Tuesday, Dec. 5, 2023 |
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• With aloha and concern for Kaua‘i •
Feral cats do not deserve to be euthanized •
Our priority to protect endangered birds •
With aloha and concern for Kaua‘i
I want to take this opportunity to send KIUC a big mahalo for:
— Assuring us that, no matter what we do, our rates will continue to climb and never fall.
— Negotiating the highest price of fuel for the power plants, making Kaua‘i electric rates the highest in the nation.
— Spending our hard-earned dollars on public relations efforts to convince us what a wonderful co-op you are, including the Currents newsletter and calendar.
— Attempting to encourage energy efficiency by offering a puny $50 rebate on new energy appliances which cost $1,000 or higher.
— Renting us a “power surge protector” for $5 per month to be attached to our meter, with no guarantee that it will work (it doesn’t).
— Contracting with Free Flow Power without going through a legal and transparent procurement process, then telling members that it will cost us over $300,000 to cancel the contract.
— Calling the frequent brown outs in Kalaheo an “act of God,” thereby eliminating any liability to replace computers and other appliances that have been rendered useless.
— Supporting the Port Allen Power Station, which spews black plumes of smoke and silt daily over Port Allen, Hanapepe, and Salt Pond.
— Not initiating furloughs nor layoffs in the wake of the every-increasing costs of running the co-op.
— Using the co-op (a non-profit itself) for the Sharing of Aloha program, doling out thousands of dollars a year to other non-profits.
— Following the cooperative principles of the co-op: Voluntary and open membership, democratic member control, members’ economic participation, autonomy and independence, cooperation among cooperatives, and concern for community.
With aloha and concern for our island
Jan Pascua, Kalaheo
Feral cats do not deserve to be euthanized
The recent article printed in The Garden Island on feral cats is a very one-sided report.
There are several volunteers working diligently night after night to trap/spay/neuter/release feral cats. This is not just “one nice old lady”.
The colonies of cats are also fed every night by caring volunteers and once a week are fed food with a birth control in it. I myself have a couple feral cats I feed outside my home and the concept that these animals are being fed and still hunting birds is certainly not true in my case.
Also the report that these animals are slowly, agonizingly dying is not accurate. I have fostered feral cats that were ill, treated them with meds till they are healthy then released them back into their colonies.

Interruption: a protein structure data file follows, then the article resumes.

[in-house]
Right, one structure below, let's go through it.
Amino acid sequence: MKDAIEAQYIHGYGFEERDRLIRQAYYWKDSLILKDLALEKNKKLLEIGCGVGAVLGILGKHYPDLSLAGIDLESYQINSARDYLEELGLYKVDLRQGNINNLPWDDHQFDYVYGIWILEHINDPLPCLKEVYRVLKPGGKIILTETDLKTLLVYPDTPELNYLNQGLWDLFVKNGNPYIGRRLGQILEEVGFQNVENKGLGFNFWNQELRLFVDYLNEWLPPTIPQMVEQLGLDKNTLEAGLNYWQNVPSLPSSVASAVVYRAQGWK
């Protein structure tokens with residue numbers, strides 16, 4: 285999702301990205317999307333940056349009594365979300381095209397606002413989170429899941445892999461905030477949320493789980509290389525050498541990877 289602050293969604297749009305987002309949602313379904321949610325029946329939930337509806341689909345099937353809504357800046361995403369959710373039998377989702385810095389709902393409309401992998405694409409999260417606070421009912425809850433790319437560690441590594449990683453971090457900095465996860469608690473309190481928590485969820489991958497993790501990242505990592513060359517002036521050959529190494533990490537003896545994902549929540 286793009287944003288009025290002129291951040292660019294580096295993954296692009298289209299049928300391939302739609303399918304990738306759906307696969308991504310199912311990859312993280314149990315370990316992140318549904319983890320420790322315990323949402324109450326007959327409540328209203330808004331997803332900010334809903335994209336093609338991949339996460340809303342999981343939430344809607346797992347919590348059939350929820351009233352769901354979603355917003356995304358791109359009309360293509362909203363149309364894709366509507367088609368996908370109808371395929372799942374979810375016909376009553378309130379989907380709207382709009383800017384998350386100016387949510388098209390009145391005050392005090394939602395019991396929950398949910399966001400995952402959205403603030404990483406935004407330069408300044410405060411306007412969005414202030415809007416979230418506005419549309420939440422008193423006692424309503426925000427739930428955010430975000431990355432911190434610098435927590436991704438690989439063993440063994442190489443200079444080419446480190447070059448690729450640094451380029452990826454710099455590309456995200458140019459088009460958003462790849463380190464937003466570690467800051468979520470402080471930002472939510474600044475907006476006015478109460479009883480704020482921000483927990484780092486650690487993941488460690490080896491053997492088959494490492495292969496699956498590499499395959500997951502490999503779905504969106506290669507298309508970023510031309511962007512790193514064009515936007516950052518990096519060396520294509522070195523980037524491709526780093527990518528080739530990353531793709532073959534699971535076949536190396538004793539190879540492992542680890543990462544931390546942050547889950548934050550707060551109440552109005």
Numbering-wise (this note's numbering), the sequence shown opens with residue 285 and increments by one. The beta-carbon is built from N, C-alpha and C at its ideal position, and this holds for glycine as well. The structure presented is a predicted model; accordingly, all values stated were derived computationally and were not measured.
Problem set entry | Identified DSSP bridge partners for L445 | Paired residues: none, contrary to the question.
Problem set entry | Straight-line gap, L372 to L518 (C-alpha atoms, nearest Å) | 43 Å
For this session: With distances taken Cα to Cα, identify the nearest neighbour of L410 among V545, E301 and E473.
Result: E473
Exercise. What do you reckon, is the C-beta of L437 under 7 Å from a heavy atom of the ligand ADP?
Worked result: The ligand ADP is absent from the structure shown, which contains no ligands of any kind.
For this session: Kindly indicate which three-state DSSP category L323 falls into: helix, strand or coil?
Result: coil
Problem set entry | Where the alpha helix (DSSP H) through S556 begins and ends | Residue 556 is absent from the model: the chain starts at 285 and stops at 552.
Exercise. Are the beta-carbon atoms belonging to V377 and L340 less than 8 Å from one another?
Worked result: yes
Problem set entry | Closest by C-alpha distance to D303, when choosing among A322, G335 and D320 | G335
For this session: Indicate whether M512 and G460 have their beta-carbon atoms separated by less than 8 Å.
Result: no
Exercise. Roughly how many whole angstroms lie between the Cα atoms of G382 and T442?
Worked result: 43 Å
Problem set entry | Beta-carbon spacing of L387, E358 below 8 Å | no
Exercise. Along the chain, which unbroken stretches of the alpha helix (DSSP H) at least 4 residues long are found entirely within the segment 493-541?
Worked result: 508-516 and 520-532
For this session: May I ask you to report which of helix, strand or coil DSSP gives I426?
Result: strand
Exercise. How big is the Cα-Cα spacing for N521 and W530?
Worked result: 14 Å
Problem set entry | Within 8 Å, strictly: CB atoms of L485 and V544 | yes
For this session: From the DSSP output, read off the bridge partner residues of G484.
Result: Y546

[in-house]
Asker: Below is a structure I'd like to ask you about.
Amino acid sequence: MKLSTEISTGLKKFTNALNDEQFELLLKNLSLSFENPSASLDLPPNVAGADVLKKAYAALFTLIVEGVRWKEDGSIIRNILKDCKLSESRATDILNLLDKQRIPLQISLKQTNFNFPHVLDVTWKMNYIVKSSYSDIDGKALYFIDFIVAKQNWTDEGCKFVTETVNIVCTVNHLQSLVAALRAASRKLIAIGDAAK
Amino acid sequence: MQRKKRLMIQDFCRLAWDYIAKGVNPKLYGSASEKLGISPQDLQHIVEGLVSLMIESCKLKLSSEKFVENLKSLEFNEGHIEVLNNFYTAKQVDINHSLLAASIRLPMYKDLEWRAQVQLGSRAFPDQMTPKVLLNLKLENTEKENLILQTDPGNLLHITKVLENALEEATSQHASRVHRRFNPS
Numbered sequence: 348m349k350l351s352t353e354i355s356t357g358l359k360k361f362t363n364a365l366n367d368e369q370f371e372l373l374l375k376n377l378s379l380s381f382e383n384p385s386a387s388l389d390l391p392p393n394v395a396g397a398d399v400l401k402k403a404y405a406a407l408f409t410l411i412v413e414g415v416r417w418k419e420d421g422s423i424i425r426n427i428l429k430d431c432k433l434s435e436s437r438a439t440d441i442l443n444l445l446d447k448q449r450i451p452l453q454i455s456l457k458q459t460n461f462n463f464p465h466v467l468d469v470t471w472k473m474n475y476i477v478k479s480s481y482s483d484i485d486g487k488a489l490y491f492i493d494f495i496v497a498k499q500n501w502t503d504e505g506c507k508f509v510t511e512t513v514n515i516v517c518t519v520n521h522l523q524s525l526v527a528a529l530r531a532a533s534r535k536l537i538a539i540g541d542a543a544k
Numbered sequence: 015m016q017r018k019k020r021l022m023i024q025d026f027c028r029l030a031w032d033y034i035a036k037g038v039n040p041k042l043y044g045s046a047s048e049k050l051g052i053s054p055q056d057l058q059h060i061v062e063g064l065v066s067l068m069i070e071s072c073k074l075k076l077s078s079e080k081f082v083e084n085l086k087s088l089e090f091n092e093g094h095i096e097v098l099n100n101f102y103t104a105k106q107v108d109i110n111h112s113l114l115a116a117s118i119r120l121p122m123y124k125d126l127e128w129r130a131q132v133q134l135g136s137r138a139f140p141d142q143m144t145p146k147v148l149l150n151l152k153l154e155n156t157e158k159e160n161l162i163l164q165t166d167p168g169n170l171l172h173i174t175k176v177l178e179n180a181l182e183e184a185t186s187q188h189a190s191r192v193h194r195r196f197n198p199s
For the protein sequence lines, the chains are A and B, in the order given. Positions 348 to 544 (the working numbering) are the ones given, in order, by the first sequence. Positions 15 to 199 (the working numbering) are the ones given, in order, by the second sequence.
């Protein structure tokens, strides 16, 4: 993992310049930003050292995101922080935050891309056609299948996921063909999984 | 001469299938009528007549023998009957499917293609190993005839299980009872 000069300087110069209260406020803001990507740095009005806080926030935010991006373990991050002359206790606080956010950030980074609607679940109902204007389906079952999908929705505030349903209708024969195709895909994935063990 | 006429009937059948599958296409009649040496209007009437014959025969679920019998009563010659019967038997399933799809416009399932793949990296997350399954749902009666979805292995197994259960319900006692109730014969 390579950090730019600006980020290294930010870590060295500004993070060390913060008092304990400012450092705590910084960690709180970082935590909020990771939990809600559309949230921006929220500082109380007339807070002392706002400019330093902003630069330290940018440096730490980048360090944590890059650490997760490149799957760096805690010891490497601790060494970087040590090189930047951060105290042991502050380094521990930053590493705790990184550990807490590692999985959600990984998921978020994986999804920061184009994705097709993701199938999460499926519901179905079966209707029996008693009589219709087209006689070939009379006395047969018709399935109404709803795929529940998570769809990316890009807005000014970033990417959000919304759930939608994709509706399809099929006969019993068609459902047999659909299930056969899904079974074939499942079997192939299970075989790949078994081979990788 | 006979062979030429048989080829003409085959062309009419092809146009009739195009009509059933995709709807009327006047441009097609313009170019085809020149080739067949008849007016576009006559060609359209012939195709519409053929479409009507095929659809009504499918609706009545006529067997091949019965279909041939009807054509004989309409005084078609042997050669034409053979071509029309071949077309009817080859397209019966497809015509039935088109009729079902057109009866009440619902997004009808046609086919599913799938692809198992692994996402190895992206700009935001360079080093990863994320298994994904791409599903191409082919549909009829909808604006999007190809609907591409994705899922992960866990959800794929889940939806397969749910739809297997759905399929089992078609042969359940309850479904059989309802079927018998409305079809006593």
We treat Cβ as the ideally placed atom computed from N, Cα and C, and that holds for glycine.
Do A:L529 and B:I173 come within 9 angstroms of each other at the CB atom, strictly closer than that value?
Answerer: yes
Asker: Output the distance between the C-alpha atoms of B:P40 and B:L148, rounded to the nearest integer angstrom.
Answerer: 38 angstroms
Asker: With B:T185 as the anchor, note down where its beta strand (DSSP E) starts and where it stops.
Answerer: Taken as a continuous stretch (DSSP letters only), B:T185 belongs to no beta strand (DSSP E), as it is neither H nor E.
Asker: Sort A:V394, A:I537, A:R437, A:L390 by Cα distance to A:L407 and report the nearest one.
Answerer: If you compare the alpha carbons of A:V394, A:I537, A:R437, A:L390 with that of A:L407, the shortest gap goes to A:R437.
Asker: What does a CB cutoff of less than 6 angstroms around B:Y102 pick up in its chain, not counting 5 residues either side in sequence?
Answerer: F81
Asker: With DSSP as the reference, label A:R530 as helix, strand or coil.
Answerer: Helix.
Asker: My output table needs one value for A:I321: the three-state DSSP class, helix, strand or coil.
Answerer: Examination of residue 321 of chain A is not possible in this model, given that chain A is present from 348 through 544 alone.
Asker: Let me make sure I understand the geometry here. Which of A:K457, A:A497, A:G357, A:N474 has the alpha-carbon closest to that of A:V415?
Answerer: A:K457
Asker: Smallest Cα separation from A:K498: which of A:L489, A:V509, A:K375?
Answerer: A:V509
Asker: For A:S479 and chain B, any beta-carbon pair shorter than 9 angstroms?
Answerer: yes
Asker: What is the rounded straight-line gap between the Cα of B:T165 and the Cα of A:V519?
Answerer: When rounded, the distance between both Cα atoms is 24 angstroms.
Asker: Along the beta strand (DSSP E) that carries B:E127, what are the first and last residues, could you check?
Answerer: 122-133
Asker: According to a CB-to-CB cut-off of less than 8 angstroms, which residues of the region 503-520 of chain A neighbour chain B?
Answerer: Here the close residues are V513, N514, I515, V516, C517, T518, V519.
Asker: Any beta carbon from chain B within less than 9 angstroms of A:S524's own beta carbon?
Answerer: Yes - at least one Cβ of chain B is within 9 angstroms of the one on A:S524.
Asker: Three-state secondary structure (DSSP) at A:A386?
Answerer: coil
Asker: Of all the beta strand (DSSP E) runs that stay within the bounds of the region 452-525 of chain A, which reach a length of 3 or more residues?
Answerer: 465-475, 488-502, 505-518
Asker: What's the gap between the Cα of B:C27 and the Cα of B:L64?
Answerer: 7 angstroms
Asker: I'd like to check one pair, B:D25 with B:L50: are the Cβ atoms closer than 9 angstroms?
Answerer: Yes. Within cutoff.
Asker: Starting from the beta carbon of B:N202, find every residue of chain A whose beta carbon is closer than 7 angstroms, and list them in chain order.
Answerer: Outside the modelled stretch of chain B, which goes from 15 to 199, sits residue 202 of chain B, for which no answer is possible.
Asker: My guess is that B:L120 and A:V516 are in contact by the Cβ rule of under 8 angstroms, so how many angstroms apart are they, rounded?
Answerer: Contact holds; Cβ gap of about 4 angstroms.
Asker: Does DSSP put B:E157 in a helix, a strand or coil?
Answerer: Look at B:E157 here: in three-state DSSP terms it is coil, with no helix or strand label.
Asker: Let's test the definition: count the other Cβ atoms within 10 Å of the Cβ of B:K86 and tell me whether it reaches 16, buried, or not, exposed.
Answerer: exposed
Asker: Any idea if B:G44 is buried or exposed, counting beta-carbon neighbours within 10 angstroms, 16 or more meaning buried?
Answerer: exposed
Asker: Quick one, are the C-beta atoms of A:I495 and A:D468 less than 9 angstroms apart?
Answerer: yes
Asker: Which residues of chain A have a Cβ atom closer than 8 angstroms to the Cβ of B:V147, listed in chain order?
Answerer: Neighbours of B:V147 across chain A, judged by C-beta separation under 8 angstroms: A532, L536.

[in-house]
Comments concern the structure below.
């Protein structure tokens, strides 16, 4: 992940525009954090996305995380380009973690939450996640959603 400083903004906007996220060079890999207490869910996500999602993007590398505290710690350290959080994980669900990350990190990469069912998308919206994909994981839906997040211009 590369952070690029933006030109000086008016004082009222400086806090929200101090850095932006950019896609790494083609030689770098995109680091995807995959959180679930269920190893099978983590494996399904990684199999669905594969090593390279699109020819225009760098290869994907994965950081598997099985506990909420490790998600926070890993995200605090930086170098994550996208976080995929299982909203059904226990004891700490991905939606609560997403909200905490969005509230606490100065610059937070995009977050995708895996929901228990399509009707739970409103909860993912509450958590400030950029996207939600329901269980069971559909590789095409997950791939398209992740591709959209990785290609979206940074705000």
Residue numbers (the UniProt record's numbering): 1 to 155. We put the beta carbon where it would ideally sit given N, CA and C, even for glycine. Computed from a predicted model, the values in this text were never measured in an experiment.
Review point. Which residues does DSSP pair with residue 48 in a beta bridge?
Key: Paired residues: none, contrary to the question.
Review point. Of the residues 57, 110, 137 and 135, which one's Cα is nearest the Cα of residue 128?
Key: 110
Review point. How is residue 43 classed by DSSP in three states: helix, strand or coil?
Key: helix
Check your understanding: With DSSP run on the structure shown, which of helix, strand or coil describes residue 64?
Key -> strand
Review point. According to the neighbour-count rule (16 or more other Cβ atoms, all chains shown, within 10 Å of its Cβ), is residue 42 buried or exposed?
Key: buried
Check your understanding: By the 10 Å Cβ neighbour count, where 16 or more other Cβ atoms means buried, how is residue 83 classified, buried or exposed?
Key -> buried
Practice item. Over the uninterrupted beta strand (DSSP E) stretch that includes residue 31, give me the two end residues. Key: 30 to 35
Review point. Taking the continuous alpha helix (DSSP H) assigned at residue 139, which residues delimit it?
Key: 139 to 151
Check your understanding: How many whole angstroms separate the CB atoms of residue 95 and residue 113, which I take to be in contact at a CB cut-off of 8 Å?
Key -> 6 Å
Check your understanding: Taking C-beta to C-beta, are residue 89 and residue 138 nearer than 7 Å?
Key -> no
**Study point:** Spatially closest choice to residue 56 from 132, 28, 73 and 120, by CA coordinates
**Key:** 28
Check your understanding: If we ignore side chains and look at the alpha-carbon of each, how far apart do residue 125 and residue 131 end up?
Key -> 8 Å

We (volunteers for Kaua‘i Ferals) monitor the health of these cats and trap and treat them as needed. We socialize and find homes for kittens, often times capturing kittens a Kaua‘i resident has decided to drop off at Walmart or Saltpond rather then getting their cats spayed and neutered for a mere $5 at the Humane Society.
The major population problems are the individuals that continue to drop off cats and kittens that have not been spayed or neutered, in some cases pregnant females, into the colonies.
These animals do not deserve to be rounded up and euthanized, I am sickened by the one sided report recently published and urge Kaua‘i residents to please speak up.
Cheryl Martin, Koloa
Our priority to protect endangered birds
A very interesting Kaua‘i County Council discussion about the feral cat problem Kauai is dealing with.
In this connection I would like to add our experience with two young feral cats that my wife befriended about three years ago. We had them both neutered and they turned out to be good pets.
From time to time however; no matter how well we feed them, they prey on birds. We have had to stop feeding the birds so as not to make them an easy target.
Our cats seem to attract feral cats around us much to our annoyance so this year we have used the services of the Kauai Humane Society. With a trap provided by KHS we have trapped five feral cats and handed them over to the Humane society. If they can be socialized they are promoted for adoption; if they can not be socialized, they are euthanized. This approach reduces the population of cats that do not have loving homes and supports the welfare of the birds on the island.
It is a priority to ensure that endangered birds are protected and their numbers increase.
I would encourage people to make an extra effort to help reduce the feral cat population on Kaua‘i.
Sid Jacobs, Kapahi
Just wanted to take a minute to thank some true unsung heroes of Kauai. I’m referring to the brave men of Green harvest.
You brave souls work tirelessly every day to keep our Island safe from that dreaded scourge known as marijuana.
Bravely flying around in your shiny yellow MD-500s you hover over searching for these green devil plants. Waking sleeping babies, frightening children and pets these minuscule details never enter your minds as you hunt for these devil plants.
Upon finding them you calculate your plan of attack. Armed to the teeth you storm in arresting the little old man growing a few plants to help his family.
The people of Kaua‘i can now sleep soundly knowing this animal is behind bars. The fact that marijuana is now endorsed by the American College of Physicians as one of the safest, most medically effective plants known to man is of little concern to you brave lads.
In closing, I want to extend my deepest gratitude for keeping me safe from this evil plant. You guys truly are heroes of the sky.
Andrew Gorsline, Kapa‘a
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